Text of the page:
Don't delay, the meter is running

Fill in that tax return now, warns Steve Lodge
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Two million people risk having to pay interest and fines worth a total of many millions of pounds for missing this week's tax return deadline.

This Thursday, 31 October, is the date when tax offices should have received returns from higher-rate taxpayers and anyone else with untaxed income or capital gains for the 1995-96 tax year (ending in April this year). More than 8 million people get tax returns every year, but a quarter of these miss the deadline.

Returning your tax form late means you may not get a bill for any extra tax due in time to meet the Inland Revenue's payment deadlines - 31 January for income tax, 1 December for capital gains. The Revenue says it cannot guarantee to be able to tot up any extra tax due and issue bills in time for these dates if individuals do not get submissions in by 31 October. And if you do not pay up by the required dates - even if you are still waiting for your bill, called an assessment - interest starts clocking up automatically at a rate of 6.25 per cent a year.

In addition, the Revenue can levy penalties equivalent to the tax owed (on top of the tax itself and the interest) on people who fail to disclose untaxed earnings.

Many people set to miss the deadline will do so simply because the form looks daunting. In practice, however, you may find only a few sections need completing.

Not receiving a tax return is not an excuse for missing the deadline, says the Revenue, and these people still risk being charged interest and penalties on unpaid tax. If you are a higher-rate taxpayer you are almost certainly liable for some extra tax, because any money you have in bank and building society accounts effectively only has basic-rate tax deducted from the interest. The Revenue advises these higher rate taxpayers, and anyone else who thinks they may have untaxed earnings from last tax year, to ring their local tax office to get a tax return or discuss their position. Where the amount of extra tax due is small it may not be necessary to fill in a return.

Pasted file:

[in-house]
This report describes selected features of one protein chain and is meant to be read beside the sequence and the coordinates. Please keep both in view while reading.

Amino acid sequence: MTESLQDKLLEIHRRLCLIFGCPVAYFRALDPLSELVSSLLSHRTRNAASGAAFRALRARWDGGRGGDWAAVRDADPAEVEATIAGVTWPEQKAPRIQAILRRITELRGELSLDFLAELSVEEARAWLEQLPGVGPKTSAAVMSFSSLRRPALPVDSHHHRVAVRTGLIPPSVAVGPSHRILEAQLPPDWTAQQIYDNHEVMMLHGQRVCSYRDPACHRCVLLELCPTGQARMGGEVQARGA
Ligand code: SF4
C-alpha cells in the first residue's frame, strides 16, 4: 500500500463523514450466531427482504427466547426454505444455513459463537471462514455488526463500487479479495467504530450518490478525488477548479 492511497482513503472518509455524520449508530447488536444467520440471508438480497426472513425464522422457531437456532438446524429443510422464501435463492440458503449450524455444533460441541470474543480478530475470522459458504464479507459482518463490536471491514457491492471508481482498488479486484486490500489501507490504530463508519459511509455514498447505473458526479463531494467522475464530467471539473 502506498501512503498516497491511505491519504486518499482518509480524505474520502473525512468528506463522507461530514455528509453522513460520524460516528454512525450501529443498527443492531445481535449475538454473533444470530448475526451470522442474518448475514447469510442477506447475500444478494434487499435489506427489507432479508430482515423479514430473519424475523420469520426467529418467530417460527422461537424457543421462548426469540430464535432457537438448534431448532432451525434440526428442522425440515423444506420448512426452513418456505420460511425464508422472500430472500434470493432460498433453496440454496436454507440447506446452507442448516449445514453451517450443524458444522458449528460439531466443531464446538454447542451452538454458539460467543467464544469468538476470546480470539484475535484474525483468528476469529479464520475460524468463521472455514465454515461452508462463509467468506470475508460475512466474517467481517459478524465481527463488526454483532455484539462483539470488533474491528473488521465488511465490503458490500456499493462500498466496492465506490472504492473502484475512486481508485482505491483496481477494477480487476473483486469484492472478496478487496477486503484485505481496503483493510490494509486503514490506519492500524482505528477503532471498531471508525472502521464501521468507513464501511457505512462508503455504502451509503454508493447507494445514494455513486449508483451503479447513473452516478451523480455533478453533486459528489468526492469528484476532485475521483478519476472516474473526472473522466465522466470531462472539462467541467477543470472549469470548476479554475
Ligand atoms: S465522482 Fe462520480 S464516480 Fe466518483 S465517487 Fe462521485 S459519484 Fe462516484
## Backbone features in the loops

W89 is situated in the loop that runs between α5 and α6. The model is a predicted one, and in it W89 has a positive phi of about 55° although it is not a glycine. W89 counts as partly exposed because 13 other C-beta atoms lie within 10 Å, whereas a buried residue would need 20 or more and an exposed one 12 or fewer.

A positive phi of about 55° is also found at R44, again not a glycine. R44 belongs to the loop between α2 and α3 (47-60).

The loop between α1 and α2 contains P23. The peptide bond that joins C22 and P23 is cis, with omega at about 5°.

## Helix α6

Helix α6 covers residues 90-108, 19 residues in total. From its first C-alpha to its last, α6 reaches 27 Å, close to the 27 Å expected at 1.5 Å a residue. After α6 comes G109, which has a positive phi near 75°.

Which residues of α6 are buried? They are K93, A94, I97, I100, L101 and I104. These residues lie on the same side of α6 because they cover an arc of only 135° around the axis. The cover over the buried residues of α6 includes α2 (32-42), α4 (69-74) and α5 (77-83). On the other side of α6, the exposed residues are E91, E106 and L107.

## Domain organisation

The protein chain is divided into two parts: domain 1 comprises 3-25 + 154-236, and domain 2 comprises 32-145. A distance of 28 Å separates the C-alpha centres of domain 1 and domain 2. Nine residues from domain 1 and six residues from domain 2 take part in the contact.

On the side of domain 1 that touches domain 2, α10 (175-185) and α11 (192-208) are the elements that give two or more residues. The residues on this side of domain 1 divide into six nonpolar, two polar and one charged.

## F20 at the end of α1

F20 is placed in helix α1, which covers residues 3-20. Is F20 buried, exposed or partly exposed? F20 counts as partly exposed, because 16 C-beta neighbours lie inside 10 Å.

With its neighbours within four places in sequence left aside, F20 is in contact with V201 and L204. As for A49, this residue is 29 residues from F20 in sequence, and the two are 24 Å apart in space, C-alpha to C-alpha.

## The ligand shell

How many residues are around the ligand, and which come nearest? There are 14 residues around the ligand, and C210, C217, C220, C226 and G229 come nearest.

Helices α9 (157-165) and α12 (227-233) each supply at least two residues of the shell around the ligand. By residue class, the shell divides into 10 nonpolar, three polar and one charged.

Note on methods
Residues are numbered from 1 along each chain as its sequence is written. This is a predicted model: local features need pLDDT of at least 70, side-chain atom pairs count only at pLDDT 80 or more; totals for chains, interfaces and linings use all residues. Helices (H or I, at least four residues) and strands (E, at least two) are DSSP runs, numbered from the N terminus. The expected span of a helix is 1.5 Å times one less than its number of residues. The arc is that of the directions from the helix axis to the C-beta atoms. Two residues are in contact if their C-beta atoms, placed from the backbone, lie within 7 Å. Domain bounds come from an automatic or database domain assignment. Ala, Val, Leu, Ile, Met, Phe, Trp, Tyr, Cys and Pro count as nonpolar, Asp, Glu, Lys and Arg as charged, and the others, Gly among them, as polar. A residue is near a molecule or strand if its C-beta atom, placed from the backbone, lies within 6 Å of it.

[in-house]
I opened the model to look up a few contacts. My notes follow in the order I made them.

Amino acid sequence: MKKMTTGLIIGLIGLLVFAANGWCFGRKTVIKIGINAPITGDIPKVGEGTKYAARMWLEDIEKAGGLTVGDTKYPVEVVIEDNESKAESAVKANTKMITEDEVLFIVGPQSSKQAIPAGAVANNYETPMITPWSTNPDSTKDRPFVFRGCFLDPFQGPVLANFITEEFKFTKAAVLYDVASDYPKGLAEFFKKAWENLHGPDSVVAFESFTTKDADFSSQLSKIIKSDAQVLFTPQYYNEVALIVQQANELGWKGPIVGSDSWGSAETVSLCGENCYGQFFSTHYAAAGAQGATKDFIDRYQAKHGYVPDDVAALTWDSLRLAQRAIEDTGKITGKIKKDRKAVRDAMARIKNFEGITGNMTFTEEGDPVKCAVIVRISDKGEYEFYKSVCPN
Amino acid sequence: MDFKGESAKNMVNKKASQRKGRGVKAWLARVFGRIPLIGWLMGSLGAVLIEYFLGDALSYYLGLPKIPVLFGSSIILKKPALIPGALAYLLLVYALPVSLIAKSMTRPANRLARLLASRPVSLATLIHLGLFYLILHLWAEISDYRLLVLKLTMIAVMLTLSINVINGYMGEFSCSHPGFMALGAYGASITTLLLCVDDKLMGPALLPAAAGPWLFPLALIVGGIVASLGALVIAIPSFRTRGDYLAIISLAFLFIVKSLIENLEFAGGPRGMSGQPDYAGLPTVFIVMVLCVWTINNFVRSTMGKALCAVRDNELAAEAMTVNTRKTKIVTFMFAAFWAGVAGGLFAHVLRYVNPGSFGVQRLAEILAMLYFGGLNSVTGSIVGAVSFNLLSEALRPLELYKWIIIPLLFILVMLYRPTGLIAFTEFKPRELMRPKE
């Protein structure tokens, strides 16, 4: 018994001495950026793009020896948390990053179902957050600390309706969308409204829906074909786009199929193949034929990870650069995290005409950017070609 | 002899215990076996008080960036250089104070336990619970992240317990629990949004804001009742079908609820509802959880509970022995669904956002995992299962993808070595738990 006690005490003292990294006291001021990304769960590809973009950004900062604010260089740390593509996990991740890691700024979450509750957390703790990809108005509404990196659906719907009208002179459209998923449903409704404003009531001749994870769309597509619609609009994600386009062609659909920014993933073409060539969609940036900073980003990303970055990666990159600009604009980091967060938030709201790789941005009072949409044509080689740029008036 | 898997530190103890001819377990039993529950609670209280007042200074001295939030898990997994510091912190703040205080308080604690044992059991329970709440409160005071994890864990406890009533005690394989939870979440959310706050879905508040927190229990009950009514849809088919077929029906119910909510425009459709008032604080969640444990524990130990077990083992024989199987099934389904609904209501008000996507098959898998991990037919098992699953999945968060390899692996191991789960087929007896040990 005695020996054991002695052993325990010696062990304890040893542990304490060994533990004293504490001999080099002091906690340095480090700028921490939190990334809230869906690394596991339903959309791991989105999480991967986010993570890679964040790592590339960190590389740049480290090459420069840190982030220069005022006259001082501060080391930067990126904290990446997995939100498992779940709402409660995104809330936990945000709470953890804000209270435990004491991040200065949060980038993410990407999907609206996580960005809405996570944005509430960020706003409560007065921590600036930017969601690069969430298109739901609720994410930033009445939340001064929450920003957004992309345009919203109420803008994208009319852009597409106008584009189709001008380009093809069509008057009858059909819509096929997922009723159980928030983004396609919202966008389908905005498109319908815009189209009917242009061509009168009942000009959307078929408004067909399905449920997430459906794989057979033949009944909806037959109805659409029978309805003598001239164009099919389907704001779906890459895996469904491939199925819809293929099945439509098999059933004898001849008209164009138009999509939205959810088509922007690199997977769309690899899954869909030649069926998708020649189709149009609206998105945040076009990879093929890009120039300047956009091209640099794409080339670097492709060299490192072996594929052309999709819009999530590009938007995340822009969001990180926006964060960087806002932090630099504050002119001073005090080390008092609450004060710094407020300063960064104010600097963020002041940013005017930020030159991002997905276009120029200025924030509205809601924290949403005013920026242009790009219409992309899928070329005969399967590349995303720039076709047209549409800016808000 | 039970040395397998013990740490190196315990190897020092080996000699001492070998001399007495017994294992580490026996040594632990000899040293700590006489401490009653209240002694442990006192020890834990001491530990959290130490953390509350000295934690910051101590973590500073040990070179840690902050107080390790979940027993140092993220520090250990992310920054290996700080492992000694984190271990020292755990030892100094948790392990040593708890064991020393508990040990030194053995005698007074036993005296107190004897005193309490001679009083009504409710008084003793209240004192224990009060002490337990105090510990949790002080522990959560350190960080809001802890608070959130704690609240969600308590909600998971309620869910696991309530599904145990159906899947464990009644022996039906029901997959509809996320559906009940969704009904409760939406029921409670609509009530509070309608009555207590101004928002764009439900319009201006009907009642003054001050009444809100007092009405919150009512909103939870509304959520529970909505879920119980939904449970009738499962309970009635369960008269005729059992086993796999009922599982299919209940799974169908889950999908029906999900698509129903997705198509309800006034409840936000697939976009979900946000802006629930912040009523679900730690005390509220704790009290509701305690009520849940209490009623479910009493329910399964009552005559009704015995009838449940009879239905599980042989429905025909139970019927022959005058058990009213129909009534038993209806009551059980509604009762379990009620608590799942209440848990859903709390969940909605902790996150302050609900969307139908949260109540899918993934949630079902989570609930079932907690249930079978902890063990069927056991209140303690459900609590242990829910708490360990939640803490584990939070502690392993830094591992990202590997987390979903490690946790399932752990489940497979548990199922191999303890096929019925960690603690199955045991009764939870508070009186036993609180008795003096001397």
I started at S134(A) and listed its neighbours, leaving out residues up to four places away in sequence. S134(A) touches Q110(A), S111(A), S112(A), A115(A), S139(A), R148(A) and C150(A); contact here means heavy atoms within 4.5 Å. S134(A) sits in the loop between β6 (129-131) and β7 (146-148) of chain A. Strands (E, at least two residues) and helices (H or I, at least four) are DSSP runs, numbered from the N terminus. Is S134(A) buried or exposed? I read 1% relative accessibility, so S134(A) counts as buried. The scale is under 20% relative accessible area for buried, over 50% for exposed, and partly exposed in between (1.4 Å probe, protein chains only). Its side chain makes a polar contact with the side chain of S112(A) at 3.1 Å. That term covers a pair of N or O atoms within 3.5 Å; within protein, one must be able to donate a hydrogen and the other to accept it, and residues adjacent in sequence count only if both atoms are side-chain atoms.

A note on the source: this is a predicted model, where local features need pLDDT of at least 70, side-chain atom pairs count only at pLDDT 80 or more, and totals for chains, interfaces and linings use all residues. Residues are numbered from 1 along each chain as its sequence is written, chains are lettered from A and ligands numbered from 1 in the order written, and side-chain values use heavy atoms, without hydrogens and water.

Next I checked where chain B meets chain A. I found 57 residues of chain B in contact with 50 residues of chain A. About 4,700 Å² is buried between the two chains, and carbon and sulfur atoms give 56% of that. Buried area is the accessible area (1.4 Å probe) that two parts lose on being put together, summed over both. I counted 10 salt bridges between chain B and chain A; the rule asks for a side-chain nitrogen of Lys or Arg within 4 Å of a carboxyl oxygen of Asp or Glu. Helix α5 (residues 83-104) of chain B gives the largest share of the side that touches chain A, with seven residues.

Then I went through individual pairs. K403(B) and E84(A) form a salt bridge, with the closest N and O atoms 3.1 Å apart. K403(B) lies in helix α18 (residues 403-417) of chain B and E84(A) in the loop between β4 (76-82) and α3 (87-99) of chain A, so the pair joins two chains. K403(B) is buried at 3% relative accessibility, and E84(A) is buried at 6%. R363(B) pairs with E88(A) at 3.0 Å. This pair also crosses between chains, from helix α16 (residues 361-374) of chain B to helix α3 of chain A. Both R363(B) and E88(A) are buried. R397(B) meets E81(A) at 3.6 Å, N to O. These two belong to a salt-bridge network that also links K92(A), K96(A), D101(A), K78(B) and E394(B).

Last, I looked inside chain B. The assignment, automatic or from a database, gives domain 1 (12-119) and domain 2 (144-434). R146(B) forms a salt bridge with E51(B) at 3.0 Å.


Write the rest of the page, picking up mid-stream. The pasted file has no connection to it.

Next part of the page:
If you cannot find all the necessary information (such as your P60 certificate of pay and income tax for last year or certificates of interest earned, to complete your tax return in time to meet the deadline) the Revenue recommends filling in what you can and attaching a note saying what is yet to come, briefly explaining why the information is late. Paul Franklin, a Revenue spokesman, says: "Let us know you are aware there is a gap and that it will be filled."

If you are having problems filling in your tax return because you don't understand it, the Revenue sends out an explanatory booklet with tax returns called Filling in your 1996 Tax Return which should help with many queries. Local tax offices and tax enquiry centres should also be able to help.

Experts suggest reading the whole tax return before you start filling it in, making a note as you go along of the sections that apply to you. Then dig out the records you need. If, after asking for help, you remain unsure about what to put in or where to put it, or if the space on the form is too small, use a separate piece of paper. Explain what you are doing and raise any queries in a covering letter.

A number of investments can be left out of tax returns altogether because they are tax-free. As well as National Savings certificates, these include PEPs, Tessas, SAYE accounts and premium bond winnings. Accountants warn that it is not worth leaving out taxable bank and building society savings because these institutions provide the Revenue with details of interest paid over the year.

When finished, it is always worth keeping a photocopy of your tax return in case of any comeback from your tax office.

The Revenue says its interest is in getting the "right amount of tax paid, not in levying penalties". But taxpayers should not expect any leniency simply because the Revenue is wrestling with the problems of bringing in self-assessment, a change to the tax system which arrives next April. In fact, the Revenue's additional workload could mean that people who send back their tax returns late this year are more likely to end up with interest bills.

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